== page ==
When Alex Cox's Repo Man was released in ‘84, the writer/director was a twenty-nine-year-old British UCLA graduate who, in all actuality, wanted to be a comic book artist when he first scribbled the punk rock/sorta-sci-fi hangout picture. That's right, Repo Man originally existed as a half-assed funny book, the adventures of wily car snatchers in an apocalyptic iteration of Los Angeles only eventually transforming into a film because Cox didn't feel like drawing that much. Scored by a mixture of surf riffs and driving rock (not to mention the classic Iggy Pop theme song), it instead became a snapshot of a specific musical epoch, while never actually featuring a filmed punk show (though there are brief band cameos), all while its outsider author sprinkled in his own experiences with the scene and a real life repo man named Mark Lewis (the basis for Harry Dean Stanton's iconic Bud). Thanks to a bestselling MCA/San Andreas Records soundtrack, Repo Man found life after its initial truncated release, and went on to become a cult classic.
Austin Vesely is now only a year younger than Cox was when A24 dropped the Columbia College alum's feature debut, the hip hop horror pastiche Slice, into a handful of theaters around the country, before dumping it direct to VOD the very next day (displaying a bewilderment with the product not too unlike Universal’s unceremonious distribution of Repo Man). Though his path to getting behind the camera is slightly more traditional than Cox’s was – having befriended Chance Bennett (a/k/a Chance the Rapper), who employed Vesely to shoot a collection of his videos – Slice displays a similar infusion of a particular musical scene. Chance posted a poster for Slice on his Instagram account in ‘14 (when, at that point, the project was only a spec script), two years before the consummate collaborators stepped on set in ‘16, ready to turn Joliet, Illinois into the fictional "ghost town" housing municipality of Kingfisher (spectral population 30,000 and growing). Thankfully, Chance had signed on to play the pacifist werewolf lead Dax, and helped give birth to this rather singular fusion of sleek aesthetics and socially-minded horror.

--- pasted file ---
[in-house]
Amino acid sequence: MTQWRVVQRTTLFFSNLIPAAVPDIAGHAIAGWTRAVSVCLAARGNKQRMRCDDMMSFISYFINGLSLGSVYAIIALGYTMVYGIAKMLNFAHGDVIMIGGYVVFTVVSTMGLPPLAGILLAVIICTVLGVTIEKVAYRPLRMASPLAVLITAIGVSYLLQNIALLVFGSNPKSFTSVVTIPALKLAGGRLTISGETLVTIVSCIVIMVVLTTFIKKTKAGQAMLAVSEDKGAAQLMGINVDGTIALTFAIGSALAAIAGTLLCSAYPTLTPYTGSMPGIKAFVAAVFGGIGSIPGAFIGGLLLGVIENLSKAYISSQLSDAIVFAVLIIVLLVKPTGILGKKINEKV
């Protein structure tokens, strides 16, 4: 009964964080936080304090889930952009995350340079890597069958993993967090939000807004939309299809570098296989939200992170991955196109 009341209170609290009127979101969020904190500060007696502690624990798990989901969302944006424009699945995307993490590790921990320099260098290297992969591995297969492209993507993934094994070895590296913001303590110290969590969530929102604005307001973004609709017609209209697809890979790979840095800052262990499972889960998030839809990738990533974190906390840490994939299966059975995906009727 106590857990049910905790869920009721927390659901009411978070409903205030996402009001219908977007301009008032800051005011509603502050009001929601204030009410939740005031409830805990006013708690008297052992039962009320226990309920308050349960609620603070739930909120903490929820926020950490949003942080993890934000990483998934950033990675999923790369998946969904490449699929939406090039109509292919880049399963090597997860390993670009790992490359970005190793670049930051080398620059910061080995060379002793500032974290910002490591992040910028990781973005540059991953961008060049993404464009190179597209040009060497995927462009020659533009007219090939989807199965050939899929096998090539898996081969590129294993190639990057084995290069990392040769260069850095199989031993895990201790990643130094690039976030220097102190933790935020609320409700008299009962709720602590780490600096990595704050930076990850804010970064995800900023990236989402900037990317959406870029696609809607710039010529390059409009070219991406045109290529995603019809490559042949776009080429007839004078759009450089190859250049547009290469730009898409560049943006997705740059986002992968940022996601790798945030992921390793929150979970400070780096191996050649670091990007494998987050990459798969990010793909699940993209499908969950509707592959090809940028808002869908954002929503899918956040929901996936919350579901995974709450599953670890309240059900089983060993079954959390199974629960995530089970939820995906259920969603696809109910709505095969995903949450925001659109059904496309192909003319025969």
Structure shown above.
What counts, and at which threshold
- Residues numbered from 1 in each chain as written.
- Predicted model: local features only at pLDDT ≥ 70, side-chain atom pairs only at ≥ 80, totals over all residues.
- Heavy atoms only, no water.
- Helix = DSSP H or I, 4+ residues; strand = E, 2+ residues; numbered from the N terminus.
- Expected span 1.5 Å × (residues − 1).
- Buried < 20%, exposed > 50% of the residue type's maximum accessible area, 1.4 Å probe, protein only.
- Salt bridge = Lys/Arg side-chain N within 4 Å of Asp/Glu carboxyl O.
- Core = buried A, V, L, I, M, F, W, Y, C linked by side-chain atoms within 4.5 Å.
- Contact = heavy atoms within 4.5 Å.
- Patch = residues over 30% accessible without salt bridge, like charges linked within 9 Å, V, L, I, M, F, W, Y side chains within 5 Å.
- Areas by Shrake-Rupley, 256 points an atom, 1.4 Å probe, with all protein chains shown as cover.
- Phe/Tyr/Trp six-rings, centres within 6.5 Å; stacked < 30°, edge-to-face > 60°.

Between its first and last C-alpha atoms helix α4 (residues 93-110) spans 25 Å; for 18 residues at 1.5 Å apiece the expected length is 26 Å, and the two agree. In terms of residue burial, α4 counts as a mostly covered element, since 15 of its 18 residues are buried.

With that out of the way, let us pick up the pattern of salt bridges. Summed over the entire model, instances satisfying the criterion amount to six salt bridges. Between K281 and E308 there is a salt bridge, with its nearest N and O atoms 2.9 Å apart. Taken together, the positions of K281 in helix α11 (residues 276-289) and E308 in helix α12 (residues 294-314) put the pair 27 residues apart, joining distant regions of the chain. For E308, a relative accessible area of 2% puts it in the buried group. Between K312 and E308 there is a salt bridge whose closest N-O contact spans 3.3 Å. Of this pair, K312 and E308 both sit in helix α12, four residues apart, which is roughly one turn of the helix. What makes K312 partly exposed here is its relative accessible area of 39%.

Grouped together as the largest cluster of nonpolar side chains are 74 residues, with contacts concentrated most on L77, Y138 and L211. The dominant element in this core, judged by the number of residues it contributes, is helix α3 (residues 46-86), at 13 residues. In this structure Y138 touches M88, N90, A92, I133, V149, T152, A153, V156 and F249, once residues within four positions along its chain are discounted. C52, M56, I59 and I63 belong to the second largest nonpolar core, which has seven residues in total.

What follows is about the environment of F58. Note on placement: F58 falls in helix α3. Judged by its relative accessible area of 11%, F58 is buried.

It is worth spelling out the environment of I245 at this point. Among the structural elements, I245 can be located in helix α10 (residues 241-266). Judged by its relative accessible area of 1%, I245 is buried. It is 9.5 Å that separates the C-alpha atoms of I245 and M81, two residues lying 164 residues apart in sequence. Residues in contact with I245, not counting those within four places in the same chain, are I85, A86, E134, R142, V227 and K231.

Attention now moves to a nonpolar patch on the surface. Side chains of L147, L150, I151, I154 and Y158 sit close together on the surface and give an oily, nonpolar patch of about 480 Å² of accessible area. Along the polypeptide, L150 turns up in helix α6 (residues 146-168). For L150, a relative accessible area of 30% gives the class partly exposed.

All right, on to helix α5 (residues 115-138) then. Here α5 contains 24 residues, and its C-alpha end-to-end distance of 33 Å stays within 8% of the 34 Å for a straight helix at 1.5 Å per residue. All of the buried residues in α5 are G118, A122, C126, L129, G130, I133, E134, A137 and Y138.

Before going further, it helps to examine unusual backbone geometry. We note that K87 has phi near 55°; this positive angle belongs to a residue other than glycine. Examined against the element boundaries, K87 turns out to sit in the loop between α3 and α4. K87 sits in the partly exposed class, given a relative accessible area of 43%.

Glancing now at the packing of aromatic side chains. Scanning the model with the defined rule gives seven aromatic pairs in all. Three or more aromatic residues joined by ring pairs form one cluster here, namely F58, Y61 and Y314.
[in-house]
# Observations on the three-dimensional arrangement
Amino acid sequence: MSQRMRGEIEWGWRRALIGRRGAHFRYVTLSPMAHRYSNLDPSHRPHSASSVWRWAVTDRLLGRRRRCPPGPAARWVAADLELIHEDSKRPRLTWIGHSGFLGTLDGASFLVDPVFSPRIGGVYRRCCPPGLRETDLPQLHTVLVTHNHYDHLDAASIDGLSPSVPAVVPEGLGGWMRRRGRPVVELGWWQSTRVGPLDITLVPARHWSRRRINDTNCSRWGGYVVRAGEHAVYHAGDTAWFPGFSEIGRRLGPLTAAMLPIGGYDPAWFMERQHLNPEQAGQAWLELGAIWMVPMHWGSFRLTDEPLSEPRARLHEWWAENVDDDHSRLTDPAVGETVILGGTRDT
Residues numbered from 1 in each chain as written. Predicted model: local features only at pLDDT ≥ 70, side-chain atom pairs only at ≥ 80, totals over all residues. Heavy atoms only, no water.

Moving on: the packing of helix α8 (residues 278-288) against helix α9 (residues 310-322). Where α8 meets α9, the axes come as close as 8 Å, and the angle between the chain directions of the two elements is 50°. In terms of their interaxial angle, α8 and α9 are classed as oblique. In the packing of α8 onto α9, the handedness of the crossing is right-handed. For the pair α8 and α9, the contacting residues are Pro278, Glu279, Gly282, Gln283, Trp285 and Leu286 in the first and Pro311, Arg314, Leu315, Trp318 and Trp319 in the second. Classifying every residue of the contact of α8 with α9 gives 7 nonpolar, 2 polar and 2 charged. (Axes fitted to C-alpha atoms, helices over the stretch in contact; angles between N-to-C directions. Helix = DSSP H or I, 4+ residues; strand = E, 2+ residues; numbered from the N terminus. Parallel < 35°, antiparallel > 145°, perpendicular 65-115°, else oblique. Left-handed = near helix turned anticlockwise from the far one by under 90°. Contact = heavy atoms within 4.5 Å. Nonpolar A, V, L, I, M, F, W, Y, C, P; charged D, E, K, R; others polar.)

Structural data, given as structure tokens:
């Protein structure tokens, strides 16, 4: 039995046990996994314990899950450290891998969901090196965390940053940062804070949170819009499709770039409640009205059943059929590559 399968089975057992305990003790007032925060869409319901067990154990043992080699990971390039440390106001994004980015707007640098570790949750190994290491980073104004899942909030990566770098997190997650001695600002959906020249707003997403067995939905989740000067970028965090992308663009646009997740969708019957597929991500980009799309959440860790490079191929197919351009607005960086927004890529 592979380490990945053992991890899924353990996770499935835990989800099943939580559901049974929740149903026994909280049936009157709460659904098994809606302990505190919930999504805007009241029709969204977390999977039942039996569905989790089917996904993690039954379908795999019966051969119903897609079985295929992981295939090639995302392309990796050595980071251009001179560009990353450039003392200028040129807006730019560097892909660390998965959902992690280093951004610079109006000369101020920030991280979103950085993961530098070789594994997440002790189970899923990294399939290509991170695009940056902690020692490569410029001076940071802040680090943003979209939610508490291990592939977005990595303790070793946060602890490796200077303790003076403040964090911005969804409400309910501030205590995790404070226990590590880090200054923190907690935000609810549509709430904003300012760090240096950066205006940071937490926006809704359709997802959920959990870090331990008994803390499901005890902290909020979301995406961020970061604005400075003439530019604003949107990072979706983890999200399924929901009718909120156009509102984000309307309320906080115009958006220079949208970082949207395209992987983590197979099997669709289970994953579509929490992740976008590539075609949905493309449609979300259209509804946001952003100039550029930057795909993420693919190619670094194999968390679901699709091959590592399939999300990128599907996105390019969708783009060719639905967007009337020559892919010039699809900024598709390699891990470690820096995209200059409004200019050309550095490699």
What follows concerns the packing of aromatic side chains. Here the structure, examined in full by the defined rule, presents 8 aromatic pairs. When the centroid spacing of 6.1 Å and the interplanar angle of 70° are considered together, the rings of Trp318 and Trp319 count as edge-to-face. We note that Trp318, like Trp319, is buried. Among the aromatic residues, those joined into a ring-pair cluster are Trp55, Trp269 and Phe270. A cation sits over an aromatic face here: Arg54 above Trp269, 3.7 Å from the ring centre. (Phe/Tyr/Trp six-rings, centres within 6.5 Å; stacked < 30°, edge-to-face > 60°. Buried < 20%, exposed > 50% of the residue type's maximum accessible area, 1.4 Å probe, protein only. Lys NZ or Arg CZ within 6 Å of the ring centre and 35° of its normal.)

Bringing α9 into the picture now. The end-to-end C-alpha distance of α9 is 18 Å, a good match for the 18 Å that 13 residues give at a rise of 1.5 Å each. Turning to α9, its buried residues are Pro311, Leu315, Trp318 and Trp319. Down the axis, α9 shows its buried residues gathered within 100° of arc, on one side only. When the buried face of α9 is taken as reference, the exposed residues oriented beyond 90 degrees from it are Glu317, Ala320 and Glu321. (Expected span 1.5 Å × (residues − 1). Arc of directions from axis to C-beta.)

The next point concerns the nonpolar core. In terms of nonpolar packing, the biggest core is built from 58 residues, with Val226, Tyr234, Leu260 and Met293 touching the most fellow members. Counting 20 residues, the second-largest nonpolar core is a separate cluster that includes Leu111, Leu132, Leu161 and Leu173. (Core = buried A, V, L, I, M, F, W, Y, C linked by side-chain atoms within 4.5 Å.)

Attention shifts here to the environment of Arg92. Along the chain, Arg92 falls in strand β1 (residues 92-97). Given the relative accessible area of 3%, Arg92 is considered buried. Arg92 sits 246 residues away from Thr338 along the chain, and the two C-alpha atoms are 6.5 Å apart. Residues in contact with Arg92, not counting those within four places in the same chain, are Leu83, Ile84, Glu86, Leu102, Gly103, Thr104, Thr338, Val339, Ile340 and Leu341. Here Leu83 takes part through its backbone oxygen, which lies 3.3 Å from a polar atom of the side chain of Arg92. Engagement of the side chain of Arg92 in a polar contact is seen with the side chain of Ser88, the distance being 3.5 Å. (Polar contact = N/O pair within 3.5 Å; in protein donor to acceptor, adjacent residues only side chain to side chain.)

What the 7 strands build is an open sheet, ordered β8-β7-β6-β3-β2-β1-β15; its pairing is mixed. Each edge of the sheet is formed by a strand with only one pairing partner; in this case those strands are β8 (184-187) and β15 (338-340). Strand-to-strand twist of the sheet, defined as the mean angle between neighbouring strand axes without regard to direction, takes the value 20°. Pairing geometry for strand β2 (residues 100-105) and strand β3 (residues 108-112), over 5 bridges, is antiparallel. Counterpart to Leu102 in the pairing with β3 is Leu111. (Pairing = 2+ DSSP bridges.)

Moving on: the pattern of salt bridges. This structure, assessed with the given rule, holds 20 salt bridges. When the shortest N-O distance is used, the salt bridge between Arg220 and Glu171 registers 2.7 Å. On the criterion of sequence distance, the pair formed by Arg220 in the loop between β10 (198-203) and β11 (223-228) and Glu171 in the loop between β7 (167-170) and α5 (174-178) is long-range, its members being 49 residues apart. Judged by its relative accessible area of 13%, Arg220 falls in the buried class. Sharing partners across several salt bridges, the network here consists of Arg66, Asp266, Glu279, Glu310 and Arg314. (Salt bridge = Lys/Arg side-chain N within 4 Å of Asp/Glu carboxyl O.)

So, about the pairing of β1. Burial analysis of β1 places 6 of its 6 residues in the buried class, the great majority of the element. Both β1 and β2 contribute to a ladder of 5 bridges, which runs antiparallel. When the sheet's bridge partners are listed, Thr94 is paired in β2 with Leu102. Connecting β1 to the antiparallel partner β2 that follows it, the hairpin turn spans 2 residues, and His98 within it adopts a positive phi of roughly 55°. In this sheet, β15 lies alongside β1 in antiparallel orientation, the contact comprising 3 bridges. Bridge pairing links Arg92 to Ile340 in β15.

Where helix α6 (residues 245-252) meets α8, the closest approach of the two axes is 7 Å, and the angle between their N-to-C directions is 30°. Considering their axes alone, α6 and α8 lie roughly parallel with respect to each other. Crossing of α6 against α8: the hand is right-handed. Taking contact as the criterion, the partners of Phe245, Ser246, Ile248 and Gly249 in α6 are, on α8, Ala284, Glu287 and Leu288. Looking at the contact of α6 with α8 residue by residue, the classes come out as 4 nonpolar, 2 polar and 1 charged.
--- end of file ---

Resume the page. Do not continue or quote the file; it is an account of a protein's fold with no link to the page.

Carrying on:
It’s somewhat easy to see what Bennett was attracted to in Vesely's writing, which (aside from having the killer hook of being about a fast food pizza spot built over a gateway to hell) is stuffed with not-so-subtle sociopolitical commentary regarding racial divide and stereotyping. Slice sits at the intersection of genre psychedelics, Chicago scenester document, and communal statement, as Kingfisher – dubbed "the most American town" by its bumbling mayor (Chris Parnell) in a faux advert for the bustling suburb – has displaced its ghost population from the centralized community it established for itself (a haunted asylum) before demolishing the spooky structure and erecting a strip mall (containing the aforementioned pie joint) in its place. Now, the ghosts inhabit a manufactured neighborhood, while the human population holds deep seated prejudices against them, glad that some sort of segregation still remains.
Slice could've easily slid into the realm of heavy-handed "message movie", but Vesely filters the entire endeavor through a glossy genre filter, creating a bizarre vision of Americana environs that's cast with recognizable comedians (Paul Scheer plays Perfect Pizza's imbecile manager, while Hannibal Buress shows up in a brief cameo as a diner patron) and a refugee (Zazie Beetz) from another musician's pet project (Donald Glover's subversively hilarious FX series Atlanta). The jokes fly fast and furious, and so do the gory murders, as a mysterious slayer starts offing the delivery people in slasher picture style, causing the fast food-driven economy of Kingfisher to panic. Who the hell could be killing off these hardworking humans?